Leetcode 84. Largest Rectangle in Histogram

Problem Explanation:

We are given heights of bars in a Histogram and we are asked to find the largest rectangle in this histogram. The task is to maximize the area of the rectangle formed. There are two parameters that define this area: the height and width of the rectangle. Height will be the smallest height among the histogram bars under consideration (for the rectangle), and width will be range of the continuous bars.

For example, consider the following histogram where width of each bar is 1 and the given heights are [2,1,5,6,2,3].

1
2
3    |   |
4  | |   |
5  | | | |  
6  | | | |
7__|_|_|_|__
8
9  2,1,5,6,2,3

The largest rectangle in this histogram is formed by the bars of height 5 and 6. It has an area of 10 units (height 5 * width 2).

Solution Approach:

The solution uses stack data structure as well as iterating through the heights. Each element of the heights array is treated as potential minimum height of the largest rectangle. When we reach a height smaller than the previous one while iterating, we have found a potential maximum rectangle (with the bar at top of the stack being the smallest).

We pop elements from the stack continuously until we find a height smaller or equal to the current one, and for each popped bar, we calculate area of rectangle with the popped bar height as smallest bar. we calculate the area and update the maximum area if current rectangle area is more.

This approach works because the stack always holds the bars with heights in increasing order from bottom to up. Once the stack is empty, we start a new rectangle with the current bar. This way we are guaranteed to not miss any possible largest rectangle.

Python Solution:

1
2python
3class Solution:
4    def largestRectangleArea(self, heights: List[int]) -> int:
5        maxarea = 0
6        stack = [-1]
7        for i in range(len(heights)):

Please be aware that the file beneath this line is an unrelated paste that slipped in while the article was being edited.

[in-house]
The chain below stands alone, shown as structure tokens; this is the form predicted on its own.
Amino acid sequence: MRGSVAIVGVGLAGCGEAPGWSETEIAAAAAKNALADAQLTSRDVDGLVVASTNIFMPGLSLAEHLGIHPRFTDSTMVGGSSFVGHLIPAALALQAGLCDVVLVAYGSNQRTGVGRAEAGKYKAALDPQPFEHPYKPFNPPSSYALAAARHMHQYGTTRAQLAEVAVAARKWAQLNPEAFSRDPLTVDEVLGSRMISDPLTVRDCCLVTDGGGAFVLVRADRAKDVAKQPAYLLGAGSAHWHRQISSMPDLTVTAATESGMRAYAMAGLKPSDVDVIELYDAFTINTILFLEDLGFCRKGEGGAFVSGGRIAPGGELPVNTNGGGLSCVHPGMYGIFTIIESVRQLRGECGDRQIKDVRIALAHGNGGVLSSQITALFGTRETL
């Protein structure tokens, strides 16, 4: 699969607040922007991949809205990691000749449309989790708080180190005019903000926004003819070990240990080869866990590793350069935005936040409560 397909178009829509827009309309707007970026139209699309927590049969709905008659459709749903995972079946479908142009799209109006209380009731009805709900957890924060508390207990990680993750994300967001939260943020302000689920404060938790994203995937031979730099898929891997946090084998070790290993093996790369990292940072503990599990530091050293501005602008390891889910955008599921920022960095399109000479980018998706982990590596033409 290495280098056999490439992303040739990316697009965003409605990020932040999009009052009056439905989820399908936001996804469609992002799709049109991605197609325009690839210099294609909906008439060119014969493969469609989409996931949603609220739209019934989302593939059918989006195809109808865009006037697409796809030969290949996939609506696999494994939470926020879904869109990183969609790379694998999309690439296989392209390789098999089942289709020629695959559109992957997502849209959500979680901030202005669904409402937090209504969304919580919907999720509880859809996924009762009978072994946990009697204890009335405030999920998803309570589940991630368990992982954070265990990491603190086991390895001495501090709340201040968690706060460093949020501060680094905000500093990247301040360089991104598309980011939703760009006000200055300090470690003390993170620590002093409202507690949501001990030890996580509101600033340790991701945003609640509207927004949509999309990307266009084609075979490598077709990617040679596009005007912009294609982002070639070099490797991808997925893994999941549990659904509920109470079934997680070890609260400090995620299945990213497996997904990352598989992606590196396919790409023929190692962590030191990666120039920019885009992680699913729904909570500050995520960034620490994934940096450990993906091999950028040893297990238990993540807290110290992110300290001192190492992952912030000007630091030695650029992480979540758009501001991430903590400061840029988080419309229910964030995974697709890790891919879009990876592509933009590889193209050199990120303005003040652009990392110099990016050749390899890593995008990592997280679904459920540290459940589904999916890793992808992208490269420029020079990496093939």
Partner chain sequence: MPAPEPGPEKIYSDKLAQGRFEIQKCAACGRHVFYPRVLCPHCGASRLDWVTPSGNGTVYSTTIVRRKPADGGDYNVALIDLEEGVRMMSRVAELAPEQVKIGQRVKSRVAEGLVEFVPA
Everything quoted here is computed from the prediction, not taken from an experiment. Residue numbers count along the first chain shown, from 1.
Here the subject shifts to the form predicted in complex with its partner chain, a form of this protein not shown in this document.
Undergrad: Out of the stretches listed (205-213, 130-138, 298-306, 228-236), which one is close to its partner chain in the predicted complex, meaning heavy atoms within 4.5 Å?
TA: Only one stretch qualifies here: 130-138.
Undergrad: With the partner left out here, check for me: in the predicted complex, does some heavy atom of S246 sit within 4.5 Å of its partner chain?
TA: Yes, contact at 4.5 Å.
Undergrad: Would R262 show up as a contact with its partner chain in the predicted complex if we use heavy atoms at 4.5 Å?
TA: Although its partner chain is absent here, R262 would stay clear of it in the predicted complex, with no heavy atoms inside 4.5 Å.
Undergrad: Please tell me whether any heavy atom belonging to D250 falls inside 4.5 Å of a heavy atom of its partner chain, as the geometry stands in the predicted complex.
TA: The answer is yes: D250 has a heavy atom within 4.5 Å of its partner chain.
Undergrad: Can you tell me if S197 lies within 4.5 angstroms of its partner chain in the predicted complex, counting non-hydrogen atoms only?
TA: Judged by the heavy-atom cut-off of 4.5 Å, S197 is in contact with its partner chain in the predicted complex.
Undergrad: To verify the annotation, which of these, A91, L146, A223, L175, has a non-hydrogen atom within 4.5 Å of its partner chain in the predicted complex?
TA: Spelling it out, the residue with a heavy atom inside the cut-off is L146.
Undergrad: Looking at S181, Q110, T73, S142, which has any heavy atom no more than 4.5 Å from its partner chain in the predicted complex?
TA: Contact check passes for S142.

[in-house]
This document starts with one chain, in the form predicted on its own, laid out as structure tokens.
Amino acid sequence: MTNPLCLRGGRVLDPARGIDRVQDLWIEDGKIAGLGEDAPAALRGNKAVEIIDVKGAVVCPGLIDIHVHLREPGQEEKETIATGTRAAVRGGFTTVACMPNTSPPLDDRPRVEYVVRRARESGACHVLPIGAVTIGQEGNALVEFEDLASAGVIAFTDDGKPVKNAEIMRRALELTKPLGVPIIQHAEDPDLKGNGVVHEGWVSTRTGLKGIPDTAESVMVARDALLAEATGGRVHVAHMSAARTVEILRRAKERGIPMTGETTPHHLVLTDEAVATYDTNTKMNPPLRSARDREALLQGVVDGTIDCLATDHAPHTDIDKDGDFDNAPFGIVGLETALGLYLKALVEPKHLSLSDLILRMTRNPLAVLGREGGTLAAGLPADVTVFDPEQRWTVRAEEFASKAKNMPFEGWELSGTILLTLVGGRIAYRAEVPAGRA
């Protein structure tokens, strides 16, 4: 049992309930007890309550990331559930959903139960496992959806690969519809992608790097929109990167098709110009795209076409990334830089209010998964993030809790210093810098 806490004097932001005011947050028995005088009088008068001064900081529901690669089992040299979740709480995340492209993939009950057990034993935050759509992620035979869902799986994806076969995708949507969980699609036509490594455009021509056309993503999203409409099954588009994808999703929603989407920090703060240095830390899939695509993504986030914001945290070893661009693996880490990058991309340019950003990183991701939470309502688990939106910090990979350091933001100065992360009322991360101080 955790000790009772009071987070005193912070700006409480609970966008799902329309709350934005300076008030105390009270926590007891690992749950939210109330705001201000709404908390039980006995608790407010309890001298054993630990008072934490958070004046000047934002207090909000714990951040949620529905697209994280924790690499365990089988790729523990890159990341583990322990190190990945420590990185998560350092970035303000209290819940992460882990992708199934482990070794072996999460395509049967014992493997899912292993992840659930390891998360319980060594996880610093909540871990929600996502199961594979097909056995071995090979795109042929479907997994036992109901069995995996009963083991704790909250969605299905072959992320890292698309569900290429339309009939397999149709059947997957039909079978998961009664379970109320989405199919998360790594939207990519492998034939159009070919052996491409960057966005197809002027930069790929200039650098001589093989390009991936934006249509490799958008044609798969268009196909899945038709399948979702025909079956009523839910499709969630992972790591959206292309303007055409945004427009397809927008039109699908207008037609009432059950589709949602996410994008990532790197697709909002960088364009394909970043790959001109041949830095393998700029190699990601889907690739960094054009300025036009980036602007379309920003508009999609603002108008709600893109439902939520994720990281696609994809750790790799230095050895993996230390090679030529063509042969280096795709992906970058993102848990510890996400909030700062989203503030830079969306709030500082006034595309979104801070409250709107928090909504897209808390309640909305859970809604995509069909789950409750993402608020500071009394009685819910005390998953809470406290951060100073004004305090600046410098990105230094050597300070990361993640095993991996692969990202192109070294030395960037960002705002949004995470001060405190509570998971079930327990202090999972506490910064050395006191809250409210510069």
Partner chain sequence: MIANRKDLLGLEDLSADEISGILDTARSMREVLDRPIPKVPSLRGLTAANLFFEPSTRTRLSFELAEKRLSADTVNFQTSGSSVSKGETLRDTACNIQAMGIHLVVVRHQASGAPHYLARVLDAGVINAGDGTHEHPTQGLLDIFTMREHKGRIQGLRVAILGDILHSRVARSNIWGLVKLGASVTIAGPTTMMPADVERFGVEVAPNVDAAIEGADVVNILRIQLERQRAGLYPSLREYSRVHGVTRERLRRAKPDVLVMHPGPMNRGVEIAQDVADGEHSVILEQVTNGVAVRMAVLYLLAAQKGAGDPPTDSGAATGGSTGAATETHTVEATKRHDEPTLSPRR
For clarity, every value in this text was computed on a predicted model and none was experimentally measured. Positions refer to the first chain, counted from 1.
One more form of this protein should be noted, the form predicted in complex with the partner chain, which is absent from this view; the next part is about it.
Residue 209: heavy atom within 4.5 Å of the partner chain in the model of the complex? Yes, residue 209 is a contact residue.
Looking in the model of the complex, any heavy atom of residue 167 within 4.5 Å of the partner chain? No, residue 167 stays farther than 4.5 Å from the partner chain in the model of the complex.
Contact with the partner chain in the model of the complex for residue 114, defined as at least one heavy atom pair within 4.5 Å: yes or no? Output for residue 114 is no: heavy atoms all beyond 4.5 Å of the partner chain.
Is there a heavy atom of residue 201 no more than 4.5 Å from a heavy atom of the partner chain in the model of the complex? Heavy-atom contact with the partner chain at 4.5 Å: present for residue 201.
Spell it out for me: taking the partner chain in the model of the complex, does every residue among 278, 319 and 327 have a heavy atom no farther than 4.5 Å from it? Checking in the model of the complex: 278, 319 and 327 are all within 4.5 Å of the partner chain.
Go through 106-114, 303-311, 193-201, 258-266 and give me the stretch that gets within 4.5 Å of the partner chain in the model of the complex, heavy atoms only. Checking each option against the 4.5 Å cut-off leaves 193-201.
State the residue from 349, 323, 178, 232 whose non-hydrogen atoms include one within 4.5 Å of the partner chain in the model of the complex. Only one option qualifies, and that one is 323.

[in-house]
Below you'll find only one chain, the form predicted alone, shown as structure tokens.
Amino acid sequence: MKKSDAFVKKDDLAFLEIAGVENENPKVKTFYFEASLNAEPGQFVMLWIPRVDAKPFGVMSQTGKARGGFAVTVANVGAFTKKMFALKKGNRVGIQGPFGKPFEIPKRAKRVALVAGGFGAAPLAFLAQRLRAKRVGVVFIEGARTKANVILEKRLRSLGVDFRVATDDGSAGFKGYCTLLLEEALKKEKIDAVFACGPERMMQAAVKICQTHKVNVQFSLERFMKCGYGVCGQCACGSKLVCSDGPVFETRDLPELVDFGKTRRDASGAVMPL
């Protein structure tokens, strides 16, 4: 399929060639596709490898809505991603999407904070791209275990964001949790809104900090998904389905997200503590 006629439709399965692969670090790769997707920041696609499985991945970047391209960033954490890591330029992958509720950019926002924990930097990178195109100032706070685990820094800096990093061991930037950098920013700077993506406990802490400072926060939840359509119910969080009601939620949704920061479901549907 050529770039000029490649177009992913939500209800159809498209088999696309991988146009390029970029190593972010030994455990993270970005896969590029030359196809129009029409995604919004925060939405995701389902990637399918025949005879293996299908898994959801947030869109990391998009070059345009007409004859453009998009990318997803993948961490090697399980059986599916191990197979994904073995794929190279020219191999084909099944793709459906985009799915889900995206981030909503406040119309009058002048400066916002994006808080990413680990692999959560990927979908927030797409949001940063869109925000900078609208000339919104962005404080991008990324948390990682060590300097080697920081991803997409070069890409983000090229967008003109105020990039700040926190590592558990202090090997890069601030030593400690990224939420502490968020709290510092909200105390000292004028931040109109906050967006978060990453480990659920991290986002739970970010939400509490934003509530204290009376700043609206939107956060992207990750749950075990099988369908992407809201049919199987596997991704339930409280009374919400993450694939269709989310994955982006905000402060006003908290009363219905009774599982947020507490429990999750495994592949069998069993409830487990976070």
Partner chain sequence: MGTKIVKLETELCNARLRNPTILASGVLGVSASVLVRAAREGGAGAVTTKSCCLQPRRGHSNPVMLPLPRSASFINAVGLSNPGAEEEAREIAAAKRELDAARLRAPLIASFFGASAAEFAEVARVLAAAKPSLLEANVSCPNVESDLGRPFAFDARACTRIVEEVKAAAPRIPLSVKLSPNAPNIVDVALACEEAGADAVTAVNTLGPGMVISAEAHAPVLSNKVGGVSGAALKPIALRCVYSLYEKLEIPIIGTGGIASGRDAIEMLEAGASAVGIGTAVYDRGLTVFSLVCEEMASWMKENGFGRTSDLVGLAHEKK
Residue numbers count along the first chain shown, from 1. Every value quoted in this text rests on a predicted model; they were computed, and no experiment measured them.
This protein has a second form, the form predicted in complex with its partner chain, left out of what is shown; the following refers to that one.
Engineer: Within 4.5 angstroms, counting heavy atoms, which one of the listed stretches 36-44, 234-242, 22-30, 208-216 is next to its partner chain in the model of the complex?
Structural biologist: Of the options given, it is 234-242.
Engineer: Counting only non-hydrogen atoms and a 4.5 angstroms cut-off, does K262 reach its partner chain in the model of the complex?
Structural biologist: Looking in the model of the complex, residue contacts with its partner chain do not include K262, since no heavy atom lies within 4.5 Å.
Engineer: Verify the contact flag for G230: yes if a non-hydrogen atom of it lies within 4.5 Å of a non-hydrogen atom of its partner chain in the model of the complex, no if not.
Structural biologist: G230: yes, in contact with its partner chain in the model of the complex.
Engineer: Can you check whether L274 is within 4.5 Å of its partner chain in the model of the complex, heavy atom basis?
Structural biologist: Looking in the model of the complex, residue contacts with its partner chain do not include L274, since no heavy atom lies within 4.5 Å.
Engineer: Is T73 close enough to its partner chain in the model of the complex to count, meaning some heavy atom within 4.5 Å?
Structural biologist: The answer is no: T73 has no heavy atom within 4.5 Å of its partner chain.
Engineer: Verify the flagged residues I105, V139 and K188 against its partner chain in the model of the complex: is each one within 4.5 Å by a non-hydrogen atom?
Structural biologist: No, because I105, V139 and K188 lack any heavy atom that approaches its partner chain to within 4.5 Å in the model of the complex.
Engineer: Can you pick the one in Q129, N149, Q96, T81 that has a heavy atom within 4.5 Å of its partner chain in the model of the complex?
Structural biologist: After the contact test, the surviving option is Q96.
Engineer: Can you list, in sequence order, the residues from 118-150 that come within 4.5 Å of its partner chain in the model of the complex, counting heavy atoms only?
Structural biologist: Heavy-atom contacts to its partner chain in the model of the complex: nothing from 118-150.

8            while stack[-1] != -1 and heights[stack[-1]] >= heights[i]:
9                maxarea = max(maxarea, heights[stack.pop()] * (i - stack[-1] - 1))
10            stack.append(i)
11
12        while stack[-1] != -1:
13            maxarea = max(maxarea, heights[stack.pop()] * (len(heights) - stack[-1] - 1))
14        
15        return maxarea

Java Solution:

1
2java
3class Solution {
4    public int largestRectangleArea(int[] heights) {
5        Stack <Integer> s = new Stack<>();
6        int max_area=0;
7        int tp;
8        int area_with_top;
9        int i=0;
10        while(i<heights.length){
11            if(s.empty() || heights[s.peek()]<=heights[i]) s.push(i++);
12            else {
13                tp= s.peek();
14                s.pop();
15                area_with_top=heights[tp]*(s.empty()? i:i-s.peek()-1);
16                if(max_area<area_with_top) max_area=area_with_top;
17            }
18        }
19        while(s.empty()==false){
20            tp=s.peek();
21            s.pop();
22            area_with_top=heights[tp]*(s.empty()? i:i-s.peek()-1);
23            if(max_area<area_with_top) max_area=area_with_top;
24        }
25        return max_area;
26    }
27}

JavaScript Solution:

1
2javascript
3var largestRectangleArea = function(heights) {
4    let maxArea = 0;
5    const stack = [];
6    heights.push(0);
7    
8    for (let i = 0; i < heights.length; i++) {
9        while (stack.length && heights[i] < heights[stack[stack.length - 1]]) {